In March, the Department of Defense took away a benefit many military spouses didn’t know they had: $6,000 of financial assistance toward an education “leading to employment in Portable Career Fields.” Military spouses everywhere cried foul. The familiar refrain was, “After all we’ve sacrificed for the military, they’re going to take away our assistance for an education?”

The good news is that on Oct. 25, the DoD will reinstate the program. The bad news is that it will have these new restrictions: Participants must be the spouse of an active duty (or reservists on active orders) service member in pay grades E-1-E-5, W-W2 or 01-02; funding is limited to $4,000, with a $2,000 fiscal year maximum; the program of study must be finished in three years; and, according to the DoD, “Funding is limited to only Associate’s degrees, certifications and licensure programs.”

Read that last part again: “Funding is limited to only Associate’s degrees, certifications and licensure programs.” We’ll come back to this later.

I’m pursuing my master’s degree in mass communication, thanks to a military spouse career advancement account (MyCaa). I should tell you, however, that I probably needed a Ph.D. to figure out the program’s bureaucracy and paperwork. I saw the folder that the bursar’s office at the University of Maine kept on my financial aid, and it was as thick as a metropolitan phone book. Luckily, I had the personal, patient and meticulous support of Mr. Dennis Casey, without whom I’d still be trying to log on to MyCaa’s website.

Yet, it’s hard to complain, because going back to school would not have been financially possible for me without MyCaa, despite the fact that my husband is in a pay grade higher than those eligible under the new restrictions. Once I complete my master’s, I’ll work on my Ph.D., a degree that will not be covered after October. (Remember, “Funding is limited to only Associate’s degrees, certifications and licensure programs.”)

To be fair, my Ph.D. would not be covered anyway because I’ve already hit the $6,000 cap under the old program rules. However, this new restriction really bothers me. Is the DoD threatened by wives with anything more than an associate degree, certification or licensure? I believe so.

First of all, pursuing a four-year degree usually requires staying in one location for longer than the military’s standard two-three years. One of the DoD’s greatest assets is spouses who smile and happily follow along. If these women set their sights on advanced degrees, their kind will be in short supply. Don’t think that the military isn’t aware.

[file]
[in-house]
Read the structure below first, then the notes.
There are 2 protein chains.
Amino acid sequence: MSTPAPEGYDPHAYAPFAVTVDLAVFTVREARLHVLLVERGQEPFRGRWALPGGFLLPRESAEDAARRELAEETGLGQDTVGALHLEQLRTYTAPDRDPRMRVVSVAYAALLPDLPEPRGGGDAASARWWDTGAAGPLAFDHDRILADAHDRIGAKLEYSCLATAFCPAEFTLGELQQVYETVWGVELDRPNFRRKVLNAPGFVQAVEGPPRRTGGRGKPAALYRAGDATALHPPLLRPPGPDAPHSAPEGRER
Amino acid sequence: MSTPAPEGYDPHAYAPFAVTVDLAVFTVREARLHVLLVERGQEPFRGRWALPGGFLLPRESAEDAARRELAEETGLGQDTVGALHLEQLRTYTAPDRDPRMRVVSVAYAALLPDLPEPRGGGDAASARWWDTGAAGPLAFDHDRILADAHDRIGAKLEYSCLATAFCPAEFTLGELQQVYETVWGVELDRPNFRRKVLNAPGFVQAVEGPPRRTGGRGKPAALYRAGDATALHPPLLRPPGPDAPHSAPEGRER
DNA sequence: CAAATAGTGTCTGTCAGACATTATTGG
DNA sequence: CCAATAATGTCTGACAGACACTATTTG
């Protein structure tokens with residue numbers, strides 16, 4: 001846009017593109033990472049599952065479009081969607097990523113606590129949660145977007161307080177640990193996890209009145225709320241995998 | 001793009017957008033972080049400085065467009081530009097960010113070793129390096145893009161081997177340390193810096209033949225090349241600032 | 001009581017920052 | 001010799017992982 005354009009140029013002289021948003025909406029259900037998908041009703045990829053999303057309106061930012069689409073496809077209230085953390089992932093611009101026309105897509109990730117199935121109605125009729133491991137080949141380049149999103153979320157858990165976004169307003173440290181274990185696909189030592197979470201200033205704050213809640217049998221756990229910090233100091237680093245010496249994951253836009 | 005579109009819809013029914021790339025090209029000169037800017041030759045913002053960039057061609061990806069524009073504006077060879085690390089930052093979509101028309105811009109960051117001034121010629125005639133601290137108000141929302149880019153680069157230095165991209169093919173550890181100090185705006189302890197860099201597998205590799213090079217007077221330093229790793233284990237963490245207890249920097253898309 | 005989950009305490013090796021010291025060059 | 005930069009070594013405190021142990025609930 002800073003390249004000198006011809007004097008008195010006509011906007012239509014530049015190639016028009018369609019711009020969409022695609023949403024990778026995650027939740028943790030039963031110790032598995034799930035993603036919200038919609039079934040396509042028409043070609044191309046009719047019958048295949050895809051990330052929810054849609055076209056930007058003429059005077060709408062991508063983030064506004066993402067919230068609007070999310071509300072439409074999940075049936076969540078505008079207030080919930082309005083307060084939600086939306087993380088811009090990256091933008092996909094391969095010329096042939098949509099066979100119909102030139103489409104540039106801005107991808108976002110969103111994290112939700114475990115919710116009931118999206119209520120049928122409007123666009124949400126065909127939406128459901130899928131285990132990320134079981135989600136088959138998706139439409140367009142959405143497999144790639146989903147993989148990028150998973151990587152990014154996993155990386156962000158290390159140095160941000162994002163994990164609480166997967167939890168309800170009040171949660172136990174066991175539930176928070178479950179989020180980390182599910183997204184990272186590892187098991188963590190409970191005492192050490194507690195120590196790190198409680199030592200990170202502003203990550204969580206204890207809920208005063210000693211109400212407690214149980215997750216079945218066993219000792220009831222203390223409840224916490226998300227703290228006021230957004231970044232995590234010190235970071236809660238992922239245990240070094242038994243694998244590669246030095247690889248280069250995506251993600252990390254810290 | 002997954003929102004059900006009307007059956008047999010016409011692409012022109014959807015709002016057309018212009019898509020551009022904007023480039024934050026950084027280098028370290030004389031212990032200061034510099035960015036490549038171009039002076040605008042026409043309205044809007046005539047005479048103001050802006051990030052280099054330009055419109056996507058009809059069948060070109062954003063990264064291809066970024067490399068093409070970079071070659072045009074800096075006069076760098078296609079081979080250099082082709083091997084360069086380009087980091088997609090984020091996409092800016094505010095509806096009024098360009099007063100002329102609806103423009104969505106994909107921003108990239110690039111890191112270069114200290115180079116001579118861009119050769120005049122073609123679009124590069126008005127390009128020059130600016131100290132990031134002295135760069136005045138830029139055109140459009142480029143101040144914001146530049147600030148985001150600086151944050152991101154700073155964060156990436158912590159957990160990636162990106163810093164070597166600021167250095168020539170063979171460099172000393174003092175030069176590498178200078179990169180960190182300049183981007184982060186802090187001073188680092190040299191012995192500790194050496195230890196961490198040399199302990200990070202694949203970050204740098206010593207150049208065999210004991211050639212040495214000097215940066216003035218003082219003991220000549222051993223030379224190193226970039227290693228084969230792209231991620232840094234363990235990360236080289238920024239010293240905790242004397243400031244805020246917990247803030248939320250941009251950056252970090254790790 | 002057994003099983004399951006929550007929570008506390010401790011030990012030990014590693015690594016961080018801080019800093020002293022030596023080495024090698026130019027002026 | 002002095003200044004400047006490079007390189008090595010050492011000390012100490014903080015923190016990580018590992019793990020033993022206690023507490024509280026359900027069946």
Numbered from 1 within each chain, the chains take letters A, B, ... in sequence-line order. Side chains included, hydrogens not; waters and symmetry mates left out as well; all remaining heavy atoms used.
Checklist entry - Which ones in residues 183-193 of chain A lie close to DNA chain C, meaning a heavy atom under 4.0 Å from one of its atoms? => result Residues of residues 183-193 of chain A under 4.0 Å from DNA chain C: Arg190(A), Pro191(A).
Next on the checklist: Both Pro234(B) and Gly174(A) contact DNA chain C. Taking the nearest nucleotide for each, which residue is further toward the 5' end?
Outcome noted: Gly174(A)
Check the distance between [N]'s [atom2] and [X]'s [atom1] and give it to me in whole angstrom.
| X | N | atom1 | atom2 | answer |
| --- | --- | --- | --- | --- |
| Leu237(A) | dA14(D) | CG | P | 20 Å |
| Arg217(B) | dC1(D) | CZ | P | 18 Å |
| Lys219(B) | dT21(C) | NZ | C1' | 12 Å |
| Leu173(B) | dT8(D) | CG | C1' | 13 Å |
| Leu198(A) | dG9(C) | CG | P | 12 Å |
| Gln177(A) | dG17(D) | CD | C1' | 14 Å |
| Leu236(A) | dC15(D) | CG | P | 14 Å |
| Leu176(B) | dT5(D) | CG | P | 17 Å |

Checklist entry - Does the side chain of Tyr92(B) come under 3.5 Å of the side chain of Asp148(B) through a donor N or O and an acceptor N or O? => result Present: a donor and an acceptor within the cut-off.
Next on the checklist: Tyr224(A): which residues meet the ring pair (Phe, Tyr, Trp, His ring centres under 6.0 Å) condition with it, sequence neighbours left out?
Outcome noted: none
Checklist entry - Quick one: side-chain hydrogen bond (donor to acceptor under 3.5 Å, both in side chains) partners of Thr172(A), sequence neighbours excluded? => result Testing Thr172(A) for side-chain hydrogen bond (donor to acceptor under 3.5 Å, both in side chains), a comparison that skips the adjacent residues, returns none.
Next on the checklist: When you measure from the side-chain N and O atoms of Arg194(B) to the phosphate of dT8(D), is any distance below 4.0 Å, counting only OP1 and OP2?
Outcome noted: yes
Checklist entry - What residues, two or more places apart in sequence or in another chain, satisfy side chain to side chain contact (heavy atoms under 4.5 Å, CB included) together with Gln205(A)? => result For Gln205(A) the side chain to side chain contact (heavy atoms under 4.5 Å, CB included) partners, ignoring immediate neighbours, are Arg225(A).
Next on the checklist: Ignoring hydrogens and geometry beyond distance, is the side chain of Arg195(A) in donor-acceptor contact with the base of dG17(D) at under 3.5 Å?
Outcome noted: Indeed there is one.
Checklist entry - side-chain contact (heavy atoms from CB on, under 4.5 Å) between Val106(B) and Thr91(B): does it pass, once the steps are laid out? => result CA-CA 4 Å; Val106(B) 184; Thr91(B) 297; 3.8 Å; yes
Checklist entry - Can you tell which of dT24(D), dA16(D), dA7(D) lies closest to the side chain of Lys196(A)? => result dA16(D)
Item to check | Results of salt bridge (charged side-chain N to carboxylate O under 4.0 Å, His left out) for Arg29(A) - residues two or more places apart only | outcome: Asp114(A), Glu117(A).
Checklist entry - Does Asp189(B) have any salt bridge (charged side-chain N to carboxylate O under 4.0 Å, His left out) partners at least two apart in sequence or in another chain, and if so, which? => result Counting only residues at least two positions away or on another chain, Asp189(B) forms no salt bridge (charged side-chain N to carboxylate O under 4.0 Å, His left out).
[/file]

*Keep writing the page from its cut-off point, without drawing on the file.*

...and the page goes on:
Second, military wives with higher degrees might be in the market for a better-paying job than their service member husband. When faced with re-enlistment, couples often consider whose job can offer them a better standard of living. The military knows it cannot compete with the civilian salaries of employees with advanced degrees. Therefore, it’s in their interest to prevent spouses from attaining one. Likewise, military families are usually sent to parts of the country with notoriously depressed economies. A spouse with her master’s or Ph.D. might be able to offer her family a better standard of living elsewhere.

This role reversal isn’t as far-fetched as you might believe. In the July-August 2010 issue of Atlantic magazine, Hanna Rosin’s article “The End of Men” stated this: “Earlier this year, for the first time in American history, the balance of the workforce tipped toward women, who now hold a majority of the nation’s jobs … Women dominate today’s colleges and professional schools … The postindustrial economy is indifferent to men’s size and strength. The attributes that are most valuable today — social intelligence, open communication, the ability to sit still and focus — are, at a minimum, not predominantly male.”

If “The End of Men” is correct, if women are destined to dominate the postindustrial work force, the DoD has a heck of a problem on its hands. And they know it.

Wives who don’t want to move. Families that can make a better living elsewhere. Women with degrees that lead to jobs (physicians, lawyers, professors, etc.) that aren’t necessarily or easily “portable.” These are vexing concerns for the DoD, ones that potentially could topple the traditional model of a military family.

Programs such as MyCaa, with its new restrictions, seem to be addressing this growing modern-day dilemma by placing what amounts to a glass ceiling on the aspirations of military spouses.

Shatter it, shall we?